The Australian market appears to be digging in for the run-up to Y2K and the possibility of further market volatility. Only four substantial deals have been priced or launched during the last month, together worth nearly A$2 billion (US$1.3 billion).

Only one the biggest, a US$994 million issue by St George Bank's Crusade Global Trust was offshore. The others were a A$180 million issue by a new funding arm of SG Australia's Asset Collateralised Entity suite of conduits; a A$100 million deal by Citibank mortgage financing vehicle Compass Trust and a similar-sized transaction by ANZ Investment Bank's Financial Assets Specialised Trust No. 7.

Each of these deals was innovative in its way, however as much a reflection of the relative youth of the market as the ingenuity of those driving it.

The Global Crusade Trust, while not the first global mortgage-backed issue by an Australian entity, was the first to design a tranche specifically for European investors (Westpac Banking Corp., through its Westpac Securitisation Trust, had been the only previous Australian global issuer; its deals, however, had been targeted primarily at U.S. investors).

The triple-A rated Global Crusade transaction consisted of three senior tranches: US$300 million of Class A1 notes with a weighted average life of 0.7 years; US$569 million of Class A2 notes with a WAL of 3.5 years and US$125 million of seven-year A3 notes (the tranche targeted at Europeans).

The tranches were priced at 25, 33 and 42 basis points respectively, with which St George which had pursued the deal largely as a diversification exercise professed itself happy. Significantly for the bank, Australia's fifth biggest, the deal virtually doubled in one go the volume of home loans it has securitized to date, from A$1.8 billion to A$3.3 billion.

The issue, for which the co-lead managers were J.P. Morgan and Deutsche Bank, included a A$4 million subordinated tranche, sold domestically.

Citibank steers by Compass

The novelty of Citibank's issue lay in its fixed rate structure and its eligibility to be sold offshore without incurring liability to interest withholding tax. The deal was the fourth in the Compass Master Trust series and otherwise identical to its predecessors, consisting of A$100 million of senior bonds (rated AAA/Aaa by Standard & Poor's and Moody's) and A$4 million of subordinated notes (A/A2), with both tranches over five years.

The deal was priced at 42 basis points over the swap curve, which some investors regarded as rather expensive. Lead manager was Salomon Smith Barney with Credit Suisse First Boston as manager.

Booze-backed MTN

ANZ's Fast No. 7 transaction was the first in Australia to finance trade receivables with a MTN. The receivables originate with Australian Liquor Marketers Pty Ltd. (ALM), the country's biggest broad-range wholesale distributor of wines and spirits.

ALM is owned by the Davids Group, the largest independent wholesale grocery distributor in Australia. One of the keys to reconciling the short-dated assets to the long-dated funding, according to sources close to the deal, was the use of "dynamic over-collateralization." In its pre-sale report, Standard & Poor's, which assigned a triple-A rating to the deal, said that net write-offs on the receivables during the last three years had been 0.15%.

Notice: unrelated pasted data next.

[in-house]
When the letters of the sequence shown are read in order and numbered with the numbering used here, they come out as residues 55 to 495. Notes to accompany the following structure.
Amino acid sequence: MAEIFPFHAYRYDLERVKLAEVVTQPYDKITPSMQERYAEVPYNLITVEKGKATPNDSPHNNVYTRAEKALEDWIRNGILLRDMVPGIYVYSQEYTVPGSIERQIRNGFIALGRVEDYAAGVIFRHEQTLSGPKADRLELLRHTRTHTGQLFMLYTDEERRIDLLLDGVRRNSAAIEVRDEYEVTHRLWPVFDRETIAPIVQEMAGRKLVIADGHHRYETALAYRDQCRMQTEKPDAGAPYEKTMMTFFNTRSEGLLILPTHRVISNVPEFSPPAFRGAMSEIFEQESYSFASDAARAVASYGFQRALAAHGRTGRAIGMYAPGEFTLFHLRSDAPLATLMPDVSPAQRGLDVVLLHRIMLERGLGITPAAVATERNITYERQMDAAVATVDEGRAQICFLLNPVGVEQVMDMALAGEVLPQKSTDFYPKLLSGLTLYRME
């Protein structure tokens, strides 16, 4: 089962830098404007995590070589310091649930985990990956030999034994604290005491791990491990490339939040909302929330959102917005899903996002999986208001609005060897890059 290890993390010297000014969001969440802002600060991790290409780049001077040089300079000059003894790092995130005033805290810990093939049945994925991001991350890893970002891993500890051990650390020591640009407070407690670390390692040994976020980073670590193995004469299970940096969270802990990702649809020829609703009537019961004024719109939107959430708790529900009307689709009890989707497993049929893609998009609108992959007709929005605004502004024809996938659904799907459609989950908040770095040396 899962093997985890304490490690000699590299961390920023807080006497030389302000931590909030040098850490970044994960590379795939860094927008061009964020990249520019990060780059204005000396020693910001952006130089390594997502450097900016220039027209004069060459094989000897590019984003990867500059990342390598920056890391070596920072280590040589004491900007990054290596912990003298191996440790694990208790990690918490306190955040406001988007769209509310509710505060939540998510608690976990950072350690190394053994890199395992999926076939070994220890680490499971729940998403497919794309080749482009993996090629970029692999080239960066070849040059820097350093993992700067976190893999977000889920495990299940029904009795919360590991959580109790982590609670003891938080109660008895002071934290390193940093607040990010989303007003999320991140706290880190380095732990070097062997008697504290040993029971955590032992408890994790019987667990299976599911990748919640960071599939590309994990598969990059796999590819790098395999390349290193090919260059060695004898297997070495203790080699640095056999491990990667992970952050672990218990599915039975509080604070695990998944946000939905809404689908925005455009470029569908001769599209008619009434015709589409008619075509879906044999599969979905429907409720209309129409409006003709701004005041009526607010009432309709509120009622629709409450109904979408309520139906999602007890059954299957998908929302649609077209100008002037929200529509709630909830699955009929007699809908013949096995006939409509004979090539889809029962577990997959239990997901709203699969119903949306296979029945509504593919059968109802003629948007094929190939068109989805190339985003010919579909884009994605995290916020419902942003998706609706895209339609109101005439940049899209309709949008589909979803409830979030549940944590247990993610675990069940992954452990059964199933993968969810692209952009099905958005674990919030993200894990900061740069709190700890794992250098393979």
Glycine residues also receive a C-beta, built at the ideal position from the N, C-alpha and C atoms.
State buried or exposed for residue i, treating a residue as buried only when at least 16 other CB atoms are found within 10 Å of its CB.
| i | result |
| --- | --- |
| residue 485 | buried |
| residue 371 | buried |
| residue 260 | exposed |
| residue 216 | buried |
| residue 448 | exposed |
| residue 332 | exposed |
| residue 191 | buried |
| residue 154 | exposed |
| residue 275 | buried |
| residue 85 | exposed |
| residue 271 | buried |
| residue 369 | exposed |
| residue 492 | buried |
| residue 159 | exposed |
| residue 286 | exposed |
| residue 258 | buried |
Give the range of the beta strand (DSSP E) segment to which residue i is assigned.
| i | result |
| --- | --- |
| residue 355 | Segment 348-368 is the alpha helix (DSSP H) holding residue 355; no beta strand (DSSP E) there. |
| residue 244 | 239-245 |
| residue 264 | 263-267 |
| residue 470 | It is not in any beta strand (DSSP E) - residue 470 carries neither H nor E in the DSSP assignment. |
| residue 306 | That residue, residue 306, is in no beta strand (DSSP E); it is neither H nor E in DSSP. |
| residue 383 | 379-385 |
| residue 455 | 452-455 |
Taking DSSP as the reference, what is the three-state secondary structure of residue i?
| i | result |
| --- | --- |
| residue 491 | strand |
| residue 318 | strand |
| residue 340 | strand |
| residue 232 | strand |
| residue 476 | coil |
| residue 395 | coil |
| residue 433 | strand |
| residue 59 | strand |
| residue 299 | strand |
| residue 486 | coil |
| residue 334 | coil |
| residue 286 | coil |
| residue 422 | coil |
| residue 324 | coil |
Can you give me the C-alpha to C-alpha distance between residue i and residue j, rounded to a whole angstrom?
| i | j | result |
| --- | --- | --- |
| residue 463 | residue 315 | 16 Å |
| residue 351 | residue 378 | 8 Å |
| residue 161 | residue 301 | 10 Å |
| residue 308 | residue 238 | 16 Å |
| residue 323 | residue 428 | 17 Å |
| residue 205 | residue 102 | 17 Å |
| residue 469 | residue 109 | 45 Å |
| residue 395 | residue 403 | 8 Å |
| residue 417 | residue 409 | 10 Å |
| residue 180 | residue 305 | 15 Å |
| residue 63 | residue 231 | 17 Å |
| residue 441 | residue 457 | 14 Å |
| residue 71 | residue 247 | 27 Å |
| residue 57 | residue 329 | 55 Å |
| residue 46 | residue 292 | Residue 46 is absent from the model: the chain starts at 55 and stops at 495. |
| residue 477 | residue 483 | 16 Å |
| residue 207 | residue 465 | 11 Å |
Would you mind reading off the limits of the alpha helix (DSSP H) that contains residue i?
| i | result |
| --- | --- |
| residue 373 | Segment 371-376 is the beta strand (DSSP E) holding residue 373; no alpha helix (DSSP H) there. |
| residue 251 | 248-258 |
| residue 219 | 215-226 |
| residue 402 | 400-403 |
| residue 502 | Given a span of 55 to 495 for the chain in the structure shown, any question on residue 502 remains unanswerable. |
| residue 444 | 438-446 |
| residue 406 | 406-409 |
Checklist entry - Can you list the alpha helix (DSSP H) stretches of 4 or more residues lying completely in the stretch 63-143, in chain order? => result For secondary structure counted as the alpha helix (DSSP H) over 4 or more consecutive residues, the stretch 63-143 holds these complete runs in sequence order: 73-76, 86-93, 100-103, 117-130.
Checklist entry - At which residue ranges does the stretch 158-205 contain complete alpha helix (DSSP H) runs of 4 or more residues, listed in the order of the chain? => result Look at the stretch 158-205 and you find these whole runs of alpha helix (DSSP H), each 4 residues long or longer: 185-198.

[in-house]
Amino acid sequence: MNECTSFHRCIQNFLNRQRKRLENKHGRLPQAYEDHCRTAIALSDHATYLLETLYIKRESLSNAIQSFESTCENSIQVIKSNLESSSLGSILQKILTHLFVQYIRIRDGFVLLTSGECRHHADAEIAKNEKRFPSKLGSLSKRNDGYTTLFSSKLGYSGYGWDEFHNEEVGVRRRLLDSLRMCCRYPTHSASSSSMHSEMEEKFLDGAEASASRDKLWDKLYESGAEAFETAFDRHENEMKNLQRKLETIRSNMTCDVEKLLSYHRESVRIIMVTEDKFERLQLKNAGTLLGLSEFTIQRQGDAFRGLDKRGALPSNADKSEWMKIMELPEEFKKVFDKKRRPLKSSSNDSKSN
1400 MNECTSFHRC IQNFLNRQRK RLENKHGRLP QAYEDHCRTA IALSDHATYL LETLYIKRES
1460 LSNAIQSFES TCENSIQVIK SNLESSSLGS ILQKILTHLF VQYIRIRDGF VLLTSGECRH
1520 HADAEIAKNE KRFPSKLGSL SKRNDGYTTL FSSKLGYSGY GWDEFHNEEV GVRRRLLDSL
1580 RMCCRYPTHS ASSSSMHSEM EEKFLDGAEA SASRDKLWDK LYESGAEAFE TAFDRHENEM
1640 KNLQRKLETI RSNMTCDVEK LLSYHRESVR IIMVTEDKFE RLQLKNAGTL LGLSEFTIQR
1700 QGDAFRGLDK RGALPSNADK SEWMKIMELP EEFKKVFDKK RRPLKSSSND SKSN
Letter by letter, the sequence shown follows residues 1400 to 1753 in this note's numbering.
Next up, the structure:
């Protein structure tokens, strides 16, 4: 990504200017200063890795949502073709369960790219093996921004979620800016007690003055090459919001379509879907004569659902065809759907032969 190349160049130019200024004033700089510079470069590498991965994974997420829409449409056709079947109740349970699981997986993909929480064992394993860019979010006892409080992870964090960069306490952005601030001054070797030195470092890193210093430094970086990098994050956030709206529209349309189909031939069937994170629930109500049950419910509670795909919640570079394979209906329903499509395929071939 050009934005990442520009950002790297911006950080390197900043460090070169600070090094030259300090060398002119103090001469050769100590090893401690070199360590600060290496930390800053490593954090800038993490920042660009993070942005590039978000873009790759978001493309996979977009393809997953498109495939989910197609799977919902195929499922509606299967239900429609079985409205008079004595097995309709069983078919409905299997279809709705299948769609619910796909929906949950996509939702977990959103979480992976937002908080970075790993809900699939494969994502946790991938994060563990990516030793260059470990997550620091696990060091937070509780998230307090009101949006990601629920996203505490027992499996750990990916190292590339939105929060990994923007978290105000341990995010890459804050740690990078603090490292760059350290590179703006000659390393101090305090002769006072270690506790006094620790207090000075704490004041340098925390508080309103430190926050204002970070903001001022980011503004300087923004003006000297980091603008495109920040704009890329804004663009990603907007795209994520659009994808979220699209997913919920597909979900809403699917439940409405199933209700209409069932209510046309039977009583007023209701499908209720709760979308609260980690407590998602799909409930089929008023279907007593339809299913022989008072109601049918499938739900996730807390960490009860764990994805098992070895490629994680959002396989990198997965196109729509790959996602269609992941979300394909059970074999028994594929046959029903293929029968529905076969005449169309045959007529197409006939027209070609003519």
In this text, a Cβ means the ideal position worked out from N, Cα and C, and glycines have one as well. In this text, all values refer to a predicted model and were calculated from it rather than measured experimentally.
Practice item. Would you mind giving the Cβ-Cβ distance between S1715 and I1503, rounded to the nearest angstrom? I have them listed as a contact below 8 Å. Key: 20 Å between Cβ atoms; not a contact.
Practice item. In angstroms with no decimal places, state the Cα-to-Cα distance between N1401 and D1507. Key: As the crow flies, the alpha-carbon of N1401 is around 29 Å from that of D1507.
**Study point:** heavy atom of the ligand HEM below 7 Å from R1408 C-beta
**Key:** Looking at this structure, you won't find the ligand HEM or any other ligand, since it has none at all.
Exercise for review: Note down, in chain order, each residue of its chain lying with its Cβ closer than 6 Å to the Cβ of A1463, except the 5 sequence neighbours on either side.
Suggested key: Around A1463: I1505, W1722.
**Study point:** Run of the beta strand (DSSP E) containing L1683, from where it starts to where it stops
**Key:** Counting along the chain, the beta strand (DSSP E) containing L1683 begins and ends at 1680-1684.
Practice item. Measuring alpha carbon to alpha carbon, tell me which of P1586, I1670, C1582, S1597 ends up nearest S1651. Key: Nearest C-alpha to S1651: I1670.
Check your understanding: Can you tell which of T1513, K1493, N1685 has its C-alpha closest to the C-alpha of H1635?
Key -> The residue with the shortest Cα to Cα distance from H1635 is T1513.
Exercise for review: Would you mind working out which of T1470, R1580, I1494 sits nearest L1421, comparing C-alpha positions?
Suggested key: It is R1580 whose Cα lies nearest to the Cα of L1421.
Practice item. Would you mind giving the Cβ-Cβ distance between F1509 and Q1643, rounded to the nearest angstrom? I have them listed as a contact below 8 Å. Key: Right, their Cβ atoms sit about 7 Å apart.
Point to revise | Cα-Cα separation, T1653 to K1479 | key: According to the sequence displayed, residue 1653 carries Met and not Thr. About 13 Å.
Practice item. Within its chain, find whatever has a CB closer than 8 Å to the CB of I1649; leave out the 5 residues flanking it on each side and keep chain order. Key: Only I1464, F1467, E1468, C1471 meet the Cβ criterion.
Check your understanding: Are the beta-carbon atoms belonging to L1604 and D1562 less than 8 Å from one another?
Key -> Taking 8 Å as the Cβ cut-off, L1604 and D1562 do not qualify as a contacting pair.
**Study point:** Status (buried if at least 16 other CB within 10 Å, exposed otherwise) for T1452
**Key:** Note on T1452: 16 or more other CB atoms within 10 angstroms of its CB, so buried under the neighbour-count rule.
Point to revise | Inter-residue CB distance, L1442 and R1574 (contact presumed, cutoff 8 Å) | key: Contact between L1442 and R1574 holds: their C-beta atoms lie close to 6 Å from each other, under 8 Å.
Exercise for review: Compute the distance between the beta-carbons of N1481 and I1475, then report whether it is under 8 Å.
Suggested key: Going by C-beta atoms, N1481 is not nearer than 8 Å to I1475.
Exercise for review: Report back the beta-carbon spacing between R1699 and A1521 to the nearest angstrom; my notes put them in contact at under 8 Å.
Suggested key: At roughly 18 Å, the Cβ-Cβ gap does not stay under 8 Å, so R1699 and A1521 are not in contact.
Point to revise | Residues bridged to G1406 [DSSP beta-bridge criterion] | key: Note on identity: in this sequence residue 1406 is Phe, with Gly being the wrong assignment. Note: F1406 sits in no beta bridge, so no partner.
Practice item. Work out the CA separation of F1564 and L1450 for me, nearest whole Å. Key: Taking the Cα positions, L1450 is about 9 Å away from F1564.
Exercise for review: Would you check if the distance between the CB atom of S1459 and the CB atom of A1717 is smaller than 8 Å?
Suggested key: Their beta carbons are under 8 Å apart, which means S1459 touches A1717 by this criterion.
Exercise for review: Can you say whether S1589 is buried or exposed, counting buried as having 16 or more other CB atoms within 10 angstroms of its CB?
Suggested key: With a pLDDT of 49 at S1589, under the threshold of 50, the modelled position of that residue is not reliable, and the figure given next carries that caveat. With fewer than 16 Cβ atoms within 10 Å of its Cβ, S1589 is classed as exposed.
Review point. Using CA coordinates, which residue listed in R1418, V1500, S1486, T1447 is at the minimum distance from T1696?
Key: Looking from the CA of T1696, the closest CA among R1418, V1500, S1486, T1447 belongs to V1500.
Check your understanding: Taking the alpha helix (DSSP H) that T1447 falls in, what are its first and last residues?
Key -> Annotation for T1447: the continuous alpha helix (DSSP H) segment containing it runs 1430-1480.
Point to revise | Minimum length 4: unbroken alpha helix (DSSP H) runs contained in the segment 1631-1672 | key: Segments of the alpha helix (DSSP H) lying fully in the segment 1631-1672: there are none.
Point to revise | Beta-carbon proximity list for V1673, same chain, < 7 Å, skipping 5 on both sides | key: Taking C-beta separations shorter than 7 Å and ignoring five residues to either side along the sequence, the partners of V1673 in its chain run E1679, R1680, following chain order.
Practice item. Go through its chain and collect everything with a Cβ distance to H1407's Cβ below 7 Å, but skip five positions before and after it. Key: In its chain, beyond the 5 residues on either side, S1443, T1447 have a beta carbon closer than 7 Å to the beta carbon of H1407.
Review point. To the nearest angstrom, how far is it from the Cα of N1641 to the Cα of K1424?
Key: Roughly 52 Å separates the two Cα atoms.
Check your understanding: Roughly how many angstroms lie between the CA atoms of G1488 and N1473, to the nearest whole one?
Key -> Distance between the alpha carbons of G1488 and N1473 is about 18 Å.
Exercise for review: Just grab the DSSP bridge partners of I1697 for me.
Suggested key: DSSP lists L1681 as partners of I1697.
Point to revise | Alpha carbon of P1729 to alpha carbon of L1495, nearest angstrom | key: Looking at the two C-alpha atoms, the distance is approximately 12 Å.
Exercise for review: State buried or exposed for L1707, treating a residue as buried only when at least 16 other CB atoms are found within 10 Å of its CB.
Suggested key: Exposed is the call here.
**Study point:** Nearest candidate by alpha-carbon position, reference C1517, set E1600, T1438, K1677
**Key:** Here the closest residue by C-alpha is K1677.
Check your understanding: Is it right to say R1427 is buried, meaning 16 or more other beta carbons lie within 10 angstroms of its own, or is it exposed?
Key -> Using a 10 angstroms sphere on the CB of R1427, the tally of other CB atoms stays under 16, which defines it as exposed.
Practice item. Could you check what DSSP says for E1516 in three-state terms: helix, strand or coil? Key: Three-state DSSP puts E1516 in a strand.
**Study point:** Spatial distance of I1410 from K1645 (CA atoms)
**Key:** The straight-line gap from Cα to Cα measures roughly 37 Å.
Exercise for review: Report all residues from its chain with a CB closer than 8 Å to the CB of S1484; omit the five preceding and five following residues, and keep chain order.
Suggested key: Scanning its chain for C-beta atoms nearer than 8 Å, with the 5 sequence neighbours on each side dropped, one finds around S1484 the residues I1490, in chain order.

"ALM's portfolio experiences relatively high turnover, with a relatively short period of exposure to dilution," said S&P. Dilution (excluding rebates) had averaged 0.9% of the aggregate receivables balance during the previous 12 months, when the highest dilution ratio had been 1.1%. The average days sales outstanding on receivables was about 32; receivables with terms of more than 60 days would be excluded from the program.

Fast No.7 will buy an equitable interest in a revolving pool of receivables, financing the transaction with the FRN issue.

SG deals an ACE

SG Australia created the country's first floating rate bullet-style note backed by equipment finance leasing when it launched ACE Funding Ltd.'s A$2 billion domestic MTN program.

The inaugural A$180 million deal (bullet FRNs with a legal final maturity of September 10, 2000 and rated A1 plus) financed the purchase of notes under the ABF Trust Securitisation Program, which funds equipment and operating finance leases originated by SG Australia subsidiary, SOGELEASE.

The ACE structure was also unusual in using a technique that allowed a bullet maturity without having to provide for a sinking fund. The notes were priced at 18 basis points over the bank bill swap rate.

The investment bank's ABS head, John Chauvel, said the structure enabled the repackaging of an asset-backed pass through note with a legal maturity of seven years into a combination of notes including a bullet security with a legal maturity of just under 12 months. "We see a large number of applications ... primarily ... repackaging securities into forms that will be more attractive to investors," he said.

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